|Publication number||US5762284 A|
|Application number||US 08/636,910|
|Publication date||Jun 9, 1998|
|Filing date||Apr 22, 1996|
|Priority date||Feb 19, 1993|
|Publication number||08636910, 636910, US 5762284 A, US 5762284A, US-A-5762284, US5762284 A, US5762284A|
|Inventors||Pentti Rautiainen, Stig Renvall, Chris Bertram|
|Original Assignee||Valmet Corporation|
|Export Citation||BiBTeX, EndNote, RefMan|
|Patent Citations (19), Classifications (11), Legal Events (6)|
|External Links: USPTO, USPTO Assignment, Espacenet|
This is a continuation of application Ser. No. 08/199,836, filed Feb. 22, 1994, now abandoned.
1. Field of the Invention
The present invention relates to an assembly for use in an off-machine coating line or other paper web finishing line in the handling of a paper web from an unwinder and the routing of the web to a coating machine.
2. Description of the Prior Art
The paper web manufactured in a paper machine is finished either using on-machine equipment directly following the paper machine, whereby the base sheet coming out of the paper machine is coated and finished with equipment having a width and speed compatible with those of the paper machine, or alternatively, using off-machine equipment, whereby the output of a single paper machine can be handled by a plurality of finishing equipment pieces. The major benefits of on-machine systems are their high productivity and the possibility of attaining a finished product in a single process. In off-machine equipment the properties of the finished product can be varied in a more flexible manner and often they can give higher quality.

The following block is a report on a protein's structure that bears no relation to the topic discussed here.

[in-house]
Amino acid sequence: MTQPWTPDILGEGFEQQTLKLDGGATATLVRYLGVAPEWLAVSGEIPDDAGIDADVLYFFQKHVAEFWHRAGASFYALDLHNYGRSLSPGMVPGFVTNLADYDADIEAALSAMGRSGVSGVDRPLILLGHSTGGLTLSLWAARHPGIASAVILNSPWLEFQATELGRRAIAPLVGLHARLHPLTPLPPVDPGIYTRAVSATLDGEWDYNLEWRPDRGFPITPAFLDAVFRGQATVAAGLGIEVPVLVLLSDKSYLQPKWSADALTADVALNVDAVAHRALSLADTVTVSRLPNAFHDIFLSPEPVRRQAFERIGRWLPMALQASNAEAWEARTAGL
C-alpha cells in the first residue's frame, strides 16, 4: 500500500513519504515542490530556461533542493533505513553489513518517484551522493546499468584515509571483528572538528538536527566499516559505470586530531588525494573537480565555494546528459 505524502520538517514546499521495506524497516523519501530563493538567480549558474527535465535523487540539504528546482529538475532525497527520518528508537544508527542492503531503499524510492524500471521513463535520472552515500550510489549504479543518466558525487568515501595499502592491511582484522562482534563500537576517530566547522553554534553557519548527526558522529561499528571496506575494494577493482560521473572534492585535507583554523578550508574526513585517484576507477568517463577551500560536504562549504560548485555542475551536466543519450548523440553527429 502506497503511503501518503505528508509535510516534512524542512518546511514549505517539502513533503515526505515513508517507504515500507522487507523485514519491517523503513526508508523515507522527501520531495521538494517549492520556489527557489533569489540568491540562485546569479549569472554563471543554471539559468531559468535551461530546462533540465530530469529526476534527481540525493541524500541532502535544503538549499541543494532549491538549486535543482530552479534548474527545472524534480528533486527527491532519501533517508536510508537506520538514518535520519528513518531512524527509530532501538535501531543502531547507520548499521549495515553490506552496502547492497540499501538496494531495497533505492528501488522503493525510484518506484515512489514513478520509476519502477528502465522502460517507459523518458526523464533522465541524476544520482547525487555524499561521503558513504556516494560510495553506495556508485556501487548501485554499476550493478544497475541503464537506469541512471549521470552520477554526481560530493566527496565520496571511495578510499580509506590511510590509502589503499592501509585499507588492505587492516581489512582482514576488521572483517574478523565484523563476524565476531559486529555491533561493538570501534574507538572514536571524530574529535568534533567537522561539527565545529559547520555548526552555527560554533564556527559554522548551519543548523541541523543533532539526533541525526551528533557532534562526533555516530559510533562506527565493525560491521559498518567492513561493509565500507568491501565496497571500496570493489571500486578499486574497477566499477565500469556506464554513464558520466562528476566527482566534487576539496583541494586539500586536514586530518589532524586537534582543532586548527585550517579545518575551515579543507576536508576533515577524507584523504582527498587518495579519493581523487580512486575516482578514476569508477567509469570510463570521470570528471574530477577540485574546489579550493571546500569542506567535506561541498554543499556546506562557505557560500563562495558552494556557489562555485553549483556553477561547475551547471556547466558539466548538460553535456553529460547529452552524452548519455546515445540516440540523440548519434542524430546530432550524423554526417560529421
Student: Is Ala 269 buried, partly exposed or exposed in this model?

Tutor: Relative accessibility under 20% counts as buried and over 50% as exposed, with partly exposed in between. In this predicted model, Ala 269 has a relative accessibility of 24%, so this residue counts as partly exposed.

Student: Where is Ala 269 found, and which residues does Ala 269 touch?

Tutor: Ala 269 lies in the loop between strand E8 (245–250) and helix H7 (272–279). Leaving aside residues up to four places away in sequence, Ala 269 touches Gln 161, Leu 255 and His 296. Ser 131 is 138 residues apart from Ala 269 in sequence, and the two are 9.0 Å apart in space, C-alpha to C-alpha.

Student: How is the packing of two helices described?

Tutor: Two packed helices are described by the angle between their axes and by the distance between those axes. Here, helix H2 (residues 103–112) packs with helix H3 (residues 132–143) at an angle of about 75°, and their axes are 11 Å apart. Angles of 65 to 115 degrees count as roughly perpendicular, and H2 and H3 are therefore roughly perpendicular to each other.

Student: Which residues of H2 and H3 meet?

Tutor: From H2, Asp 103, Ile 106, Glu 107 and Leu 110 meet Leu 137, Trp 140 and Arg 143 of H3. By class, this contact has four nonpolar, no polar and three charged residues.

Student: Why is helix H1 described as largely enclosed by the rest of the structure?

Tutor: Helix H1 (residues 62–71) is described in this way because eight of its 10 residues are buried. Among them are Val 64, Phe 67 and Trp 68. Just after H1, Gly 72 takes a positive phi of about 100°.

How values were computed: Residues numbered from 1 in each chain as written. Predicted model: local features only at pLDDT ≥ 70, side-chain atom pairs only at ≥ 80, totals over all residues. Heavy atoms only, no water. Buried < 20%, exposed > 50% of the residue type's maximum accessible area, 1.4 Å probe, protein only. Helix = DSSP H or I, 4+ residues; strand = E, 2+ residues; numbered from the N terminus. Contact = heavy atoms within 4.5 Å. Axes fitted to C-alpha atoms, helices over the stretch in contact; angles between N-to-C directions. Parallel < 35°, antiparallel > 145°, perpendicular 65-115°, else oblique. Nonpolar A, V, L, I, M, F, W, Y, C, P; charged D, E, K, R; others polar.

The configuration of an off-machine coating can be widely varied and such equipment is always tailored to customer specifications. Thus, a coating line can include, e.g., an unwinder, several coater stations, dryers and a calendar. The last unit in the line is a rewinder.